INDEPENDENCE, Iowa --- Mayor Carl Scharff in December apologized to fellow citizens “for whatever embarrassment or concerns my situation may have caused.” This week, he admitted committing a minor criminal offense.
Scharff on Monday conceded in Buchanan County District Court that he was guilty of disorderly conduct on Nov. 16. An Independence police officer initially arrested the mayor for public intoxication, but the charge was amended as part of a plea agreement with the county attorney’s office.
In exchange for Scharff’s plea, the court dismissed two additional charges of harassment of a public official and interference with official acts. Those charges are also simple misdemeanors.
As penalty for the conviction, Judge Kellyann Lekar ordered the mayor to pay a $65 fine, a surcharge and court costs within 30 days. Scharff has 90 days, once the court establishes a total, to pay for his court-appointed attorney, James Peters.
The mayor’s arrest developed after emergency personnel responded to a medical problem at Majestic Bar & Grill in Independence. The situation turned out to be a bar fight, which Scharff was not involved in directly, according to Police Chief Randy Miller.
According to the three original criminal complaints, Scharff was unsteady and had watery, bloodshot eyes. He also allegedly disobeyed officers’ instructions, stepped toward an officer and ultimately resisted being handcuffed.
Two others in the bar were also arrested.
Norbert Heinen, 55, of Independence, is charged with third-offense public intoxication, an aggravated misdemeanor. His wife, Kim Webb-Heinen, 41, is charged with second-offense public intoxication. Both have pleaded not guilty.
On his attorney’s advice, Scharff immediately after the incident declined to talk about what had happened. On a video recording in the Buchanan County Jail, obtained by the Courier through a Freedom of Information request, Scharff offers his version of events to a person on the telephone.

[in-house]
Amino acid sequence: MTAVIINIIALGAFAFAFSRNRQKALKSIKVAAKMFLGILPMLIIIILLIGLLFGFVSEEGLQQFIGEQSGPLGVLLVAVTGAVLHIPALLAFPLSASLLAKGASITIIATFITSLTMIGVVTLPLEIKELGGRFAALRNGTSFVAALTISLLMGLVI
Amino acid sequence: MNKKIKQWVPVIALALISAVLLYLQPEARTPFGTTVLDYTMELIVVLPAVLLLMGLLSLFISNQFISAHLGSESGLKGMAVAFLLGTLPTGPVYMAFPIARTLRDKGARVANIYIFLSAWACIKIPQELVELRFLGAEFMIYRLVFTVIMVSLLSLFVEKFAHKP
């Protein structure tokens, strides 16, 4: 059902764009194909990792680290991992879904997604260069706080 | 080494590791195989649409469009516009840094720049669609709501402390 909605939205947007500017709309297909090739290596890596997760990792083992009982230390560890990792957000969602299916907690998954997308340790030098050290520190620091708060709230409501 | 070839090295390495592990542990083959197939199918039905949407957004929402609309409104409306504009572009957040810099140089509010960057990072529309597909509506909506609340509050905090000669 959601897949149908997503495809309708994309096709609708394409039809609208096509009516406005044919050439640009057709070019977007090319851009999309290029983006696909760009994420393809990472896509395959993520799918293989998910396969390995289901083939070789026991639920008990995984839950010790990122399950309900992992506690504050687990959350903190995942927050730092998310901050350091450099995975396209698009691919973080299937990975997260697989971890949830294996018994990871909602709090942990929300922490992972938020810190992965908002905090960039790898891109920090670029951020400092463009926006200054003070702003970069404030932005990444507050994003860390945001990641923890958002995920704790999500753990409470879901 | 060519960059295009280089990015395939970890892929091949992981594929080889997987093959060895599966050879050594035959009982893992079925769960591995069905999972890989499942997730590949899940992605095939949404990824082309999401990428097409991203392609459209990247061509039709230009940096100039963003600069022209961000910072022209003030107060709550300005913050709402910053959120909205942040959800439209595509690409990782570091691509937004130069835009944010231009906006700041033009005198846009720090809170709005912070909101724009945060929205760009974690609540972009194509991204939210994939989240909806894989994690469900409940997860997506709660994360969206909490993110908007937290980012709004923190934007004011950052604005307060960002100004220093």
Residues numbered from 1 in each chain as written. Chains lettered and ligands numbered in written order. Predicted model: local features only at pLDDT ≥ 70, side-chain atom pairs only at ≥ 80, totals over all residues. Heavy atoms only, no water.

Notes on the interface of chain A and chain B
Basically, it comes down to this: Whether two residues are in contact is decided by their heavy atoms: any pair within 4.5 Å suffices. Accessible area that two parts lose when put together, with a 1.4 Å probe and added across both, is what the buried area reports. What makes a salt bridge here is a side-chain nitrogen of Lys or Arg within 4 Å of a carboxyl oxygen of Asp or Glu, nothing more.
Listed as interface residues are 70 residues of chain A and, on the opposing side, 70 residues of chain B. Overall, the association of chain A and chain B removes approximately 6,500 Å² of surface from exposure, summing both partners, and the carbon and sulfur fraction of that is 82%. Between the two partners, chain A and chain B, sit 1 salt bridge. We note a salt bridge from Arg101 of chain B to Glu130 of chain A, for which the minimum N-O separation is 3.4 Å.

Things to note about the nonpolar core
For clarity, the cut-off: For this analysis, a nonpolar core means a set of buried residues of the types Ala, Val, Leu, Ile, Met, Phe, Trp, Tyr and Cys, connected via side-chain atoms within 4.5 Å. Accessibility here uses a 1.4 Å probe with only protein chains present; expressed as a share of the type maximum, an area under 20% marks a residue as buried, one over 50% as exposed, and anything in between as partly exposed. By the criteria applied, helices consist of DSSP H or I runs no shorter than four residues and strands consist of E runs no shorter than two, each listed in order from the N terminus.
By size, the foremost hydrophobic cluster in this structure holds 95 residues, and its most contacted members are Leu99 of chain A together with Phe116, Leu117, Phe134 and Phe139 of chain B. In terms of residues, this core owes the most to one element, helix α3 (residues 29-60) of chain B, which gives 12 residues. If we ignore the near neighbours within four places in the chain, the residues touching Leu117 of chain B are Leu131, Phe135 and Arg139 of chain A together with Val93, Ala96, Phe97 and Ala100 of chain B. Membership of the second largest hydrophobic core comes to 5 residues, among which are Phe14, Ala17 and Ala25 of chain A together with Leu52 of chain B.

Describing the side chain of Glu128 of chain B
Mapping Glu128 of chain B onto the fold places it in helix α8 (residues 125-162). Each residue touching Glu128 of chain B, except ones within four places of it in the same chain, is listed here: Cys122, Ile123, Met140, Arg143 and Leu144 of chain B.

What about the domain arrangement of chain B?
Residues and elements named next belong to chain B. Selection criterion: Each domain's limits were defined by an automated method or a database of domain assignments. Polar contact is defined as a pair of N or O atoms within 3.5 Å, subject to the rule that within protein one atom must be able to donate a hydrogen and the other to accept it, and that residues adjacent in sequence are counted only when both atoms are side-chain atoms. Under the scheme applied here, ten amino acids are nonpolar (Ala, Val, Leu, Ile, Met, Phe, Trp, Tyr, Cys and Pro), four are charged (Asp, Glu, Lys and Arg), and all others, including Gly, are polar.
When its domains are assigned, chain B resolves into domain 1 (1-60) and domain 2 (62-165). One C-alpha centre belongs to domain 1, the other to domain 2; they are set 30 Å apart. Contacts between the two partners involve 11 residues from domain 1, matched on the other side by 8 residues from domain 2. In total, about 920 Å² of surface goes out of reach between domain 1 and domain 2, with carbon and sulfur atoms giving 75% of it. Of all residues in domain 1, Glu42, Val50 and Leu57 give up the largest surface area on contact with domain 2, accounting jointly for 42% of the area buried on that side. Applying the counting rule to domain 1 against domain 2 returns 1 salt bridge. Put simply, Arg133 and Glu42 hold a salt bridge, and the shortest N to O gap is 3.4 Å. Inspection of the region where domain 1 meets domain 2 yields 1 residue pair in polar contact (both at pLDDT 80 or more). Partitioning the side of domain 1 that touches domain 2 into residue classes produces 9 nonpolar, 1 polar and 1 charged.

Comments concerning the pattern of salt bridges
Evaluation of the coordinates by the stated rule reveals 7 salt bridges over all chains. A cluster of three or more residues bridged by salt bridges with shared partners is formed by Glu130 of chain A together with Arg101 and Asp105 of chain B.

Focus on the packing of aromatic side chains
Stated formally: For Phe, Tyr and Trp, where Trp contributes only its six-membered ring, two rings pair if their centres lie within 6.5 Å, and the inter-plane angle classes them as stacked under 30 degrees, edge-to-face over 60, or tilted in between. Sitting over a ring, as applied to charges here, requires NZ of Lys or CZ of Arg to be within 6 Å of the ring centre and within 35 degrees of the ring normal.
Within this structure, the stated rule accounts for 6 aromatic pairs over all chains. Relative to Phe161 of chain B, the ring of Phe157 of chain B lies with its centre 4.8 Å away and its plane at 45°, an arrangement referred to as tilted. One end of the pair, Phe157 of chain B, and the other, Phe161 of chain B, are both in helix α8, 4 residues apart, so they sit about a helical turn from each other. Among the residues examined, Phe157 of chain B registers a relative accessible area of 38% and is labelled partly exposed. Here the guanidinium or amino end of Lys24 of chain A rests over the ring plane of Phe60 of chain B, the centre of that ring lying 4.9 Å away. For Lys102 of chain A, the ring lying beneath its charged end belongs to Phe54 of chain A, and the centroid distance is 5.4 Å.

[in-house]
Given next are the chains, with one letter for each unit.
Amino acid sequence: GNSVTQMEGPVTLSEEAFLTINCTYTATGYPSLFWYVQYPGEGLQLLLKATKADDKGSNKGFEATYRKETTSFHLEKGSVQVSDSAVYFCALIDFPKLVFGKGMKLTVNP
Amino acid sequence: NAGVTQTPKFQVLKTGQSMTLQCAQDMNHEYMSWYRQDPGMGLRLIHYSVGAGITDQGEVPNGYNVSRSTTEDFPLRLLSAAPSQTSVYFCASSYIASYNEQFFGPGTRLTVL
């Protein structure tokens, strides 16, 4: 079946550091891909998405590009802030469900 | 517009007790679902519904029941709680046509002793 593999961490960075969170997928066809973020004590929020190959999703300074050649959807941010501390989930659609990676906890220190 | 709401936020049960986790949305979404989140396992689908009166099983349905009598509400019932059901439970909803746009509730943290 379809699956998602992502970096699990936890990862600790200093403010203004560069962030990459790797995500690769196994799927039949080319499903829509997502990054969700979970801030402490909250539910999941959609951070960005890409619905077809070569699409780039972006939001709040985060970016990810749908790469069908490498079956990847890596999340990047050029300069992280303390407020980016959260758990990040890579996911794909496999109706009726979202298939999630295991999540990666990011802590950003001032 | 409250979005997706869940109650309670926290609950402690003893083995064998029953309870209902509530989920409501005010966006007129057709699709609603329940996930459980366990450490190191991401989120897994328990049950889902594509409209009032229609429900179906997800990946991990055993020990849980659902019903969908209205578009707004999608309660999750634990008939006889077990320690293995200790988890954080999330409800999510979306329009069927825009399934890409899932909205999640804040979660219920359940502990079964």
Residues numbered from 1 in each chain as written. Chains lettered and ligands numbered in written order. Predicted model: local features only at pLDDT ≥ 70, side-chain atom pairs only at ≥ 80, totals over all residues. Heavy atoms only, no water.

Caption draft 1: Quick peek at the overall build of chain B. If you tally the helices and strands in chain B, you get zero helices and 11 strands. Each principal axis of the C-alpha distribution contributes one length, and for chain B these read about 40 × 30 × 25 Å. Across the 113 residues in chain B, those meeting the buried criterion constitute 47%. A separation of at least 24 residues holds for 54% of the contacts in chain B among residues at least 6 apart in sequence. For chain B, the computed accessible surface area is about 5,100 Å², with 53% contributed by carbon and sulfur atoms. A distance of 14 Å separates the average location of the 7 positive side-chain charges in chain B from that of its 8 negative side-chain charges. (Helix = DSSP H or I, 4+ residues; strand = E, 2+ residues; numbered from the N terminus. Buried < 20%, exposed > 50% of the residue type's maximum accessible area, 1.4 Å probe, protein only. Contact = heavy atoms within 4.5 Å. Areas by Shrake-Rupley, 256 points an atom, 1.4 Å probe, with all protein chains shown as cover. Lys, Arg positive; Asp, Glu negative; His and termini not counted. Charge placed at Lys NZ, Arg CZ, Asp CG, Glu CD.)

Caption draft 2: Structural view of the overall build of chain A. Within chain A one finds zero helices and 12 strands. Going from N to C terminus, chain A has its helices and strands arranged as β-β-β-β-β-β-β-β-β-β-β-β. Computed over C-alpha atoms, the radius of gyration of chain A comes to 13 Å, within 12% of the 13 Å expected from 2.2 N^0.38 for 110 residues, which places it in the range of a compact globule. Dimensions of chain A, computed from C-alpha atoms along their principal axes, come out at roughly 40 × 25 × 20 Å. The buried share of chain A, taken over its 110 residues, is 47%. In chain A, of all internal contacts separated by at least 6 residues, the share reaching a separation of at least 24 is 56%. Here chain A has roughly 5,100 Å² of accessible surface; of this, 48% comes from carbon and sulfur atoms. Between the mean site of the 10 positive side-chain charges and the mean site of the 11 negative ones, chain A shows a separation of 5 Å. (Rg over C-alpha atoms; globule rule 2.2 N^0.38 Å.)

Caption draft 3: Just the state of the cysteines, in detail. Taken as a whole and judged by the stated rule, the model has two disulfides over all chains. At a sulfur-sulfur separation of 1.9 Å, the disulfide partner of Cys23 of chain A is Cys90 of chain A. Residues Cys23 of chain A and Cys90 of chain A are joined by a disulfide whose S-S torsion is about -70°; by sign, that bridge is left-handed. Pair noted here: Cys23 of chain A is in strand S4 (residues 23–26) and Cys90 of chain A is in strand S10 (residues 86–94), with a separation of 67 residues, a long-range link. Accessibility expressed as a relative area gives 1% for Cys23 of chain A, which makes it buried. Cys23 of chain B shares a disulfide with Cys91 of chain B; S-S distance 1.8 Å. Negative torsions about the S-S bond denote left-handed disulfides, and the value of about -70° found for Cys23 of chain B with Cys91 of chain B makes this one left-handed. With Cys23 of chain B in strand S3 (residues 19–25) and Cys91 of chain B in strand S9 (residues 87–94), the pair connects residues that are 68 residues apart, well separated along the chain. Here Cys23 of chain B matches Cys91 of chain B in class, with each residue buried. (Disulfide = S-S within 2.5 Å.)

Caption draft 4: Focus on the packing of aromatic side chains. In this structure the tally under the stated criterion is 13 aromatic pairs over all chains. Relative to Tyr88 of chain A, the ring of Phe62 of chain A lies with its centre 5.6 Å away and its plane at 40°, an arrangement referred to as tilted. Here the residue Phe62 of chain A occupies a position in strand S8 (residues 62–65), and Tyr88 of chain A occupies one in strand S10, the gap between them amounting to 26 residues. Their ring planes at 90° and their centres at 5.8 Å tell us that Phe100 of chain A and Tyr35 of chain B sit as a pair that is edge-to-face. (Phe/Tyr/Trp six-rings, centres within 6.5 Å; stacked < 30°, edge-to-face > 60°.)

During that conversation, Scharff seemed to suggest consequences for one of the arresting officers, David Winger, who he referred to as “Wingnut.”
“He’s messed with me too many times. Now it’s my turn, and I’m coming,” Scharff said on the recording.
A petition calling on the mayor to resign later surfaced, and several residents and Councilman Jon Holland then made the request in person during an Independence City Council meeting on Dec. 10.
“Mr. Scharff, you made a decision that night to put yourself above the morals and ethics of the office of mayor,” Holland said.
“The mayor is the representative face of the community,” Holland added. “Unfortunately, abusing such power, making poor decisions during your personal time is not being a role model and leader of our community.”
At the conclusion of that session Scharff read a prepared statement that included his apology and what he views as his commitment to the city.
“I continue to take care of my responsibilities as mayor as I always have done,” Scharff said. “I continue to be there for you day after day.
Mayor Scharff did not response to a request for comment.